2 key issues for Biden: Testing and gender identity
Testing and gender identity both surfaced as key issues to for superintendents and their teams watch in the wake of Education Secretary Miguel Cardona’s confirmation hearings.
The flexibility and waivers offered in the testing guidance issued by the Biden administration earlier this year will not be the end of the post-pandemic assessment conversation, says Julia Martin, legislative director for the education-focused law firm, Brustein & Manasevit.
Among the biggest questions will be the reliability of data generated by any tests—particularly online tests—administered in the coming months, Martin says.
Students with Wi-Fi and ample parent support at home, who can take the tests during the school day, will likely meet or exceed expectations on these exams.
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“So many reasons kids might not be able to take assessments during the day and those are the kids we are really worried about,” she says.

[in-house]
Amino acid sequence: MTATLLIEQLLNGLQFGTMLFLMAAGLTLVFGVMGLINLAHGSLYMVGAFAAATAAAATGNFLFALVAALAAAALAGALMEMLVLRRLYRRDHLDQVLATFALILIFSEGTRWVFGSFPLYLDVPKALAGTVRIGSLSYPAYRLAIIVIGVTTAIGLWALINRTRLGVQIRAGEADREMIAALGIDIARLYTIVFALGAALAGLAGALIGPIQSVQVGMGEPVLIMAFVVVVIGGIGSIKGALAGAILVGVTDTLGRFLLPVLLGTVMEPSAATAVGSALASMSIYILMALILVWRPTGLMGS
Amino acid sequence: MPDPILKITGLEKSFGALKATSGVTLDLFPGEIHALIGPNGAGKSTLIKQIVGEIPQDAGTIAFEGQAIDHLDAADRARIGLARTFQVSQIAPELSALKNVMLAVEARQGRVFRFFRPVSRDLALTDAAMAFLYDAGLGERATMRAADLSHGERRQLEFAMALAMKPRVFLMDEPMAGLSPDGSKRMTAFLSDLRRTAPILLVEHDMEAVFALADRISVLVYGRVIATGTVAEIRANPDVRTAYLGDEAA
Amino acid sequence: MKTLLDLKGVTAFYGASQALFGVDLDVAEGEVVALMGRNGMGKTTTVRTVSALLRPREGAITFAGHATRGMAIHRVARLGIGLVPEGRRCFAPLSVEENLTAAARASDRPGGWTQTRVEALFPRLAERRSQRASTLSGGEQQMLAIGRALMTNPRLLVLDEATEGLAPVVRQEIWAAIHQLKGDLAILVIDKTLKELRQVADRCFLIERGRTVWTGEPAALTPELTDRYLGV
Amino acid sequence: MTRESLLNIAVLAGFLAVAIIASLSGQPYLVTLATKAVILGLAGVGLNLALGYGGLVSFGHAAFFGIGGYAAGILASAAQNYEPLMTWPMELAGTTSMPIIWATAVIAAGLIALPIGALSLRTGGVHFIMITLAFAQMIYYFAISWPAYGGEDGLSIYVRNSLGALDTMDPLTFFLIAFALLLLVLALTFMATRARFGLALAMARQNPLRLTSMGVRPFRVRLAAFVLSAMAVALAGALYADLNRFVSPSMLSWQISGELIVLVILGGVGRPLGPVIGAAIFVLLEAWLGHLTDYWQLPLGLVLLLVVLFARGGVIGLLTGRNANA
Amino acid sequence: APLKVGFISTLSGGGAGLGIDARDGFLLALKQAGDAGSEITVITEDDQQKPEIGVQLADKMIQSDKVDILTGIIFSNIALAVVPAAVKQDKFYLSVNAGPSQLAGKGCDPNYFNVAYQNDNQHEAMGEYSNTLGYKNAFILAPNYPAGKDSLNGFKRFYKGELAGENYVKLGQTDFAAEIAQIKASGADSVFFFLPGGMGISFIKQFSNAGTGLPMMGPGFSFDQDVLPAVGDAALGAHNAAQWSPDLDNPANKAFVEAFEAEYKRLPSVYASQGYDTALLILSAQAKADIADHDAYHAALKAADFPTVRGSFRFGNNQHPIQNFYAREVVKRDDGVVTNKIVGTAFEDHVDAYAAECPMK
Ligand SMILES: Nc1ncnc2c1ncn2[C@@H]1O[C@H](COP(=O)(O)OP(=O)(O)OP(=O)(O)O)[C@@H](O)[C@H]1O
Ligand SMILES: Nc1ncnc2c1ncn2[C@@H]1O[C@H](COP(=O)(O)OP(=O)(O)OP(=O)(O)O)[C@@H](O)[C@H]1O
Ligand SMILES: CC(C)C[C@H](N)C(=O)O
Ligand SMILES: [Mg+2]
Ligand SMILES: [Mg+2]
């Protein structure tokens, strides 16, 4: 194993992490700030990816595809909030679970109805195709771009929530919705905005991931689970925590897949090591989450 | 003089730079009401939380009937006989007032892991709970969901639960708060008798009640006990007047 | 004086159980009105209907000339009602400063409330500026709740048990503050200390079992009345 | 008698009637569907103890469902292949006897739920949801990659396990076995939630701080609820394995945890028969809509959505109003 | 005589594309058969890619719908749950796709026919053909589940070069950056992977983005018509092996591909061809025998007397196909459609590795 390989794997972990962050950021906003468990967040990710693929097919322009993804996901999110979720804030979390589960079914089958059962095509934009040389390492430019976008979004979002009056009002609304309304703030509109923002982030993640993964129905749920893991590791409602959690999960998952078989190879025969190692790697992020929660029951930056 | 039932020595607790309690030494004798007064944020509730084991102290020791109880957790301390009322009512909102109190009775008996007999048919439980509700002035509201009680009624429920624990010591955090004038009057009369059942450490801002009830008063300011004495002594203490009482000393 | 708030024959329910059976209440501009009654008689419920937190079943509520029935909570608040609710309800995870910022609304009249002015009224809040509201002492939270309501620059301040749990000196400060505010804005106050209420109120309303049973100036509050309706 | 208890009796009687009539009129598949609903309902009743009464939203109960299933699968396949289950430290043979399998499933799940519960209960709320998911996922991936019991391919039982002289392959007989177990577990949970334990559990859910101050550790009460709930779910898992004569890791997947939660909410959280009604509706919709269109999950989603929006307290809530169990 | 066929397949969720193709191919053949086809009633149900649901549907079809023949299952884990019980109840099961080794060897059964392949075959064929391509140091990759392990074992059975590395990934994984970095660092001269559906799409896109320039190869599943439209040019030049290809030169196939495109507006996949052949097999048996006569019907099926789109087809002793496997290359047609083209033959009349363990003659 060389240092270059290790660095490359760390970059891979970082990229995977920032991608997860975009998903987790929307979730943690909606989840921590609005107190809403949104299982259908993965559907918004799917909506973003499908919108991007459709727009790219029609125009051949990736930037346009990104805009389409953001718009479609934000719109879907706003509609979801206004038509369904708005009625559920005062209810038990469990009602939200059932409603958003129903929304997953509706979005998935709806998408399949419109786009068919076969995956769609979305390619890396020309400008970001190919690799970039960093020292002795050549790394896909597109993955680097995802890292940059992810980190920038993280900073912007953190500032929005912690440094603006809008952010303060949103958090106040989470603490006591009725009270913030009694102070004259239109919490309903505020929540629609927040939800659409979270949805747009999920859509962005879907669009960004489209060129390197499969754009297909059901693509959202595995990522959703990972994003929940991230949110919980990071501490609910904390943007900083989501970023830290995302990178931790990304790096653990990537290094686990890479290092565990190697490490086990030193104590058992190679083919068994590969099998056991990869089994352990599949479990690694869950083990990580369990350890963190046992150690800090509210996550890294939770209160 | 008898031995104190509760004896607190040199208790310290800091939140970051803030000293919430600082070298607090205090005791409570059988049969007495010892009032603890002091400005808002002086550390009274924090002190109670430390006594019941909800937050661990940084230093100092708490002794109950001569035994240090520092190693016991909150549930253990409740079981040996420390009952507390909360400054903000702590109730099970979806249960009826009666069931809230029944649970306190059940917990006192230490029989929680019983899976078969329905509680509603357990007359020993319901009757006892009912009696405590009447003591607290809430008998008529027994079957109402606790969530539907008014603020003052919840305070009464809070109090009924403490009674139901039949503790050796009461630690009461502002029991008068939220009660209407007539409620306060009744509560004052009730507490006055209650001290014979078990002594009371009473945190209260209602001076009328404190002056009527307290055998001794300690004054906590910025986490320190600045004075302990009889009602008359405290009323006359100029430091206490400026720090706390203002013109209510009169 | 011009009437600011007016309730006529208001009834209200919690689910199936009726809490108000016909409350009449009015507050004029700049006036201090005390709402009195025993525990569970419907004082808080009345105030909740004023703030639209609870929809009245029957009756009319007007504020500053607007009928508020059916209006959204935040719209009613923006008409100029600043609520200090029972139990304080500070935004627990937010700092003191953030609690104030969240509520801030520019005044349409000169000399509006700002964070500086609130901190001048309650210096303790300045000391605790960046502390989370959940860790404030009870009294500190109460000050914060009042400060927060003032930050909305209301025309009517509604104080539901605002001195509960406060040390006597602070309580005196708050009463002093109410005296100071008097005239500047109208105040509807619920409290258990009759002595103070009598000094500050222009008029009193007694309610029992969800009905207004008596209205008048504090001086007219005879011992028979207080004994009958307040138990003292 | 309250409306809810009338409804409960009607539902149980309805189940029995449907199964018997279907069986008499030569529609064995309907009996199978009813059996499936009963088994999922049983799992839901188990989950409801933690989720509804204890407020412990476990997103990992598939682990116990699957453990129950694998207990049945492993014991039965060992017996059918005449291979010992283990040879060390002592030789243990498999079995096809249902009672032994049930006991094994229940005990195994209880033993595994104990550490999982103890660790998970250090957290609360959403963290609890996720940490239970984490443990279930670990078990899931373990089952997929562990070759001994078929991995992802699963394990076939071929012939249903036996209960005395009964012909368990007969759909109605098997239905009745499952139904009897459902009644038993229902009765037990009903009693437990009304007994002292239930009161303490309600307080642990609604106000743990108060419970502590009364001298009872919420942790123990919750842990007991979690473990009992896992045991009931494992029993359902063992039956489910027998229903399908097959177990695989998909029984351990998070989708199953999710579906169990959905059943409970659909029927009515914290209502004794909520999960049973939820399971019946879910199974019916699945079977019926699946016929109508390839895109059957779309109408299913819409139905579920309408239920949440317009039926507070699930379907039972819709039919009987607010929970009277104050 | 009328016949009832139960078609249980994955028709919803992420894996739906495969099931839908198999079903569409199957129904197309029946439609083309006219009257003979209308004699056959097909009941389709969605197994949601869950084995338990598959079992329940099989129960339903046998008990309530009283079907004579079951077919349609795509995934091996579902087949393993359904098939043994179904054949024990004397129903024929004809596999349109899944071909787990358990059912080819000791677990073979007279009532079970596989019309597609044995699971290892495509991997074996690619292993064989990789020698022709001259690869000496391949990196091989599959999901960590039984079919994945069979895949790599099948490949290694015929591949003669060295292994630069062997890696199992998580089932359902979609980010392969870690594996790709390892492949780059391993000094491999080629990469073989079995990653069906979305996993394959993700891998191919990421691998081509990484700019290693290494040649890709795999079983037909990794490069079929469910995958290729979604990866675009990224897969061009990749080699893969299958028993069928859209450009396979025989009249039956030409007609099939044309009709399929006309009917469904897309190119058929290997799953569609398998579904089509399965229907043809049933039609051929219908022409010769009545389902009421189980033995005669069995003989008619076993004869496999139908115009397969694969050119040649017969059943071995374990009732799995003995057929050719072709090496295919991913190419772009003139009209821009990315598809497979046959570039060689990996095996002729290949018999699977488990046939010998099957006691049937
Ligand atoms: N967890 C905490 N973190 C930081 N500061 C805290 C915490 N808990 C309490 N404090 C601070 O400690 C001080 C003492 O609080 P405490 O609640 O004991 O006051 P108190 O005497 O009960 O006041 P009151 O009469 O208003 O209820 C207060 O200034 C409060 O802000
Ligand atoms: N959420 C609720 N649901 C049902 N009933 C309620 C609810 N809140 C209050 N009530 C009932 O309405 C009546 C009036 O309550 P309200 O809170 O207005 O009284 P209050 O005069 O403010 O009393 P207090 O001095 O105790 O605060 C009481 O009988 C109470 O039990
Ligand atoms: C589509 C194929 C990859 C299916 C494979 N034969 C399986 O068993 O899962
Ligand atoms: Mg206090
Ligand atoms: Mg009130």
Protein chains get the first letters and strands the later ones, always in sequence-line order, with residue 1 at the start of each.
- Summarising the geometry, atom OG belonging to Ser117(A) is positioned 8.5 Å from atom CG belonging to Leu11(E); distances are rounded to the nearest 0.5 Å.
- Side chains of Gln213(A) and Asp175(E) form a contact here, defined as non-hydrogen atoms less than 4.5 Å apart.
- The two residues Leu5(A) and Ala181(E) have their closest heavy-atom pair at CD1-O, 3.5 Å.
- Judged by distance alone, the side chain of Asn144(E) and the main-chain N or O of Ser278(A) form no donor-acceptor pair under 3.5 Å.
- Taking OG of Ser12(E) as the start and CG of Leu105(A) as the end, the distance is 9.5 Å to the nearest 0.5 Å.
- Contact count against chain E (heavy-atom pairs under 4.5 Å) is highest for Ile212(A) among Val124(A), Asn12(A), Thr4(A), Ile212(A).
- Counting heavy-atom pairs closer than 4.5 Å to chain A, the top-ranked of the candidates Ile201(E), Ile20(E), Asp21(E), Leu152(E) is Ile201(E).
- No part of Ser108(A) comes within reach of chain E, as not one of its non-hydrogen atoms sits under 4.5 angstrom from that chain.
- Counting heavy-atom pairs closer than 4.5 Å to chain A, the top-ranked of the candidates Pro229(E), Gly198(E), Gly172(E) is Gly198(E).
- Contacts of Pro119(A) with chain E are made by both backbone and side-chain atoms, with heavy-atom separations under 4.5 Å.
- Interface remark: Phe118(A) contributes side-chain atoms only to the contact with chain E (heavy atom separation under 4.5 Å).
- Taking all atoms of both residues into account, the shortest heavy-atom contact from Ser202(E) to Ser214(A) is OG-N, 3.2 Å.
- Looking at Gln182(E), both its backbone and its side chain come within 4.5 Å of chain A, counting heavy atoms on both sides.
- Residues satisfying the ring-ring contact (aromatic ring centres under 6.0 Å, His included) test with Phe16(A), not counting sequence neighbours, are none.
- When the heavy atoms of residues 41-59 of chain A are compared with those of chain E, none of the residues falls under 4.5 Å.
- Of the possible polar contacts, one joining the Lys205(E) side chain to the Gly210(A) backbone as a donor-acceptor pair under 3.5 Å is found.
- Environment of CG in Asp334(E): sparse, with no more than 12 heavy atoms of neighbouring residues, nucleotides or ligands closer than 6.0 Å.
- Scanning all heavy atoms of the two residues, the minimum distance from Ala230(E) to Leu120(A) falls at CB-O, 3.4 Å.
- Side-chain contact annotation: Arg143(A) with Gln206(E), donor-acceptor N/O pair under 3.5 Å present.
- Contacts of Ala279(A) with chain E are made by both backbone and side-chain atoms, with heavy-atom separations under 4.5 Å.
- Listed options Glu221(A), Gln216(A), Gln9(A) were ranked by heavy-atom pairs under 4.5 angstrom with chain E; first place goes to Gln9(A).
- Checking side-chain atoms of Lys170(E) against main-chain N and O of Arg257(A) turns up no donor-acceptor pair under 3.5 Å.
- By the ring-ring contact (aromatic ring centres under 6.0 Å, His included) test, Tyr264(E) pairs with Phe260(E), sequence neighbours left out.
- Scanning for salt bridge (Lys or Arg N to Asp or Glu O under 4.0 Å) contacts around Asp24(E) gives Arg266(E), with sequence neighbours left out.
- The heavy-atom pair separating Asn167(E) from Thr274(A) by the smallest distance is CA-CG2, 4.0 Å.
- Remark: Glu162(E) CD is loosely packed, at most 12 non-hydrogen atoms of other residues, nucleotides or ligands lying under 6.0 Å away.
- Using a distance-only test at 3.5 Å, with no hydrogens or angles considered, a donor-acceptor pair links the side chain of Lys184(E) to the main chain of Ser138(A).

There is also substantial resistance to using any COVID-era test data for school or teacher accountability.
“In the longer term are we going to look back and say this is good data or not good data,” Martin says. “This conversation is not going to be over any time soon regardless of what each individual state and districts decide to do about assessments.”
How gender-identity policies could shift, quickly
Gender-identity, high school athletics and protections against discrimination may shift as the issues filter through the Department of Education, Congress and courts
But who can play on which athletic teams, particularly girls’ and women’s teams, may remain a challenging issue for school administrators.
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While the Biden administration may offer guidance on the issue, there is a bill in Congress that would define sex as solely biological for athletics purposes, meaning students could only join teams the correlate with the gender assigned at birth.
And there are various court cases that could also decide the issue, Martin says.
“Congress or the courts could make decisions that override any policies the administration sets,” Martin says. “Or they may set different policies in different contexts that shift fairly quickly and maybe multiple times.”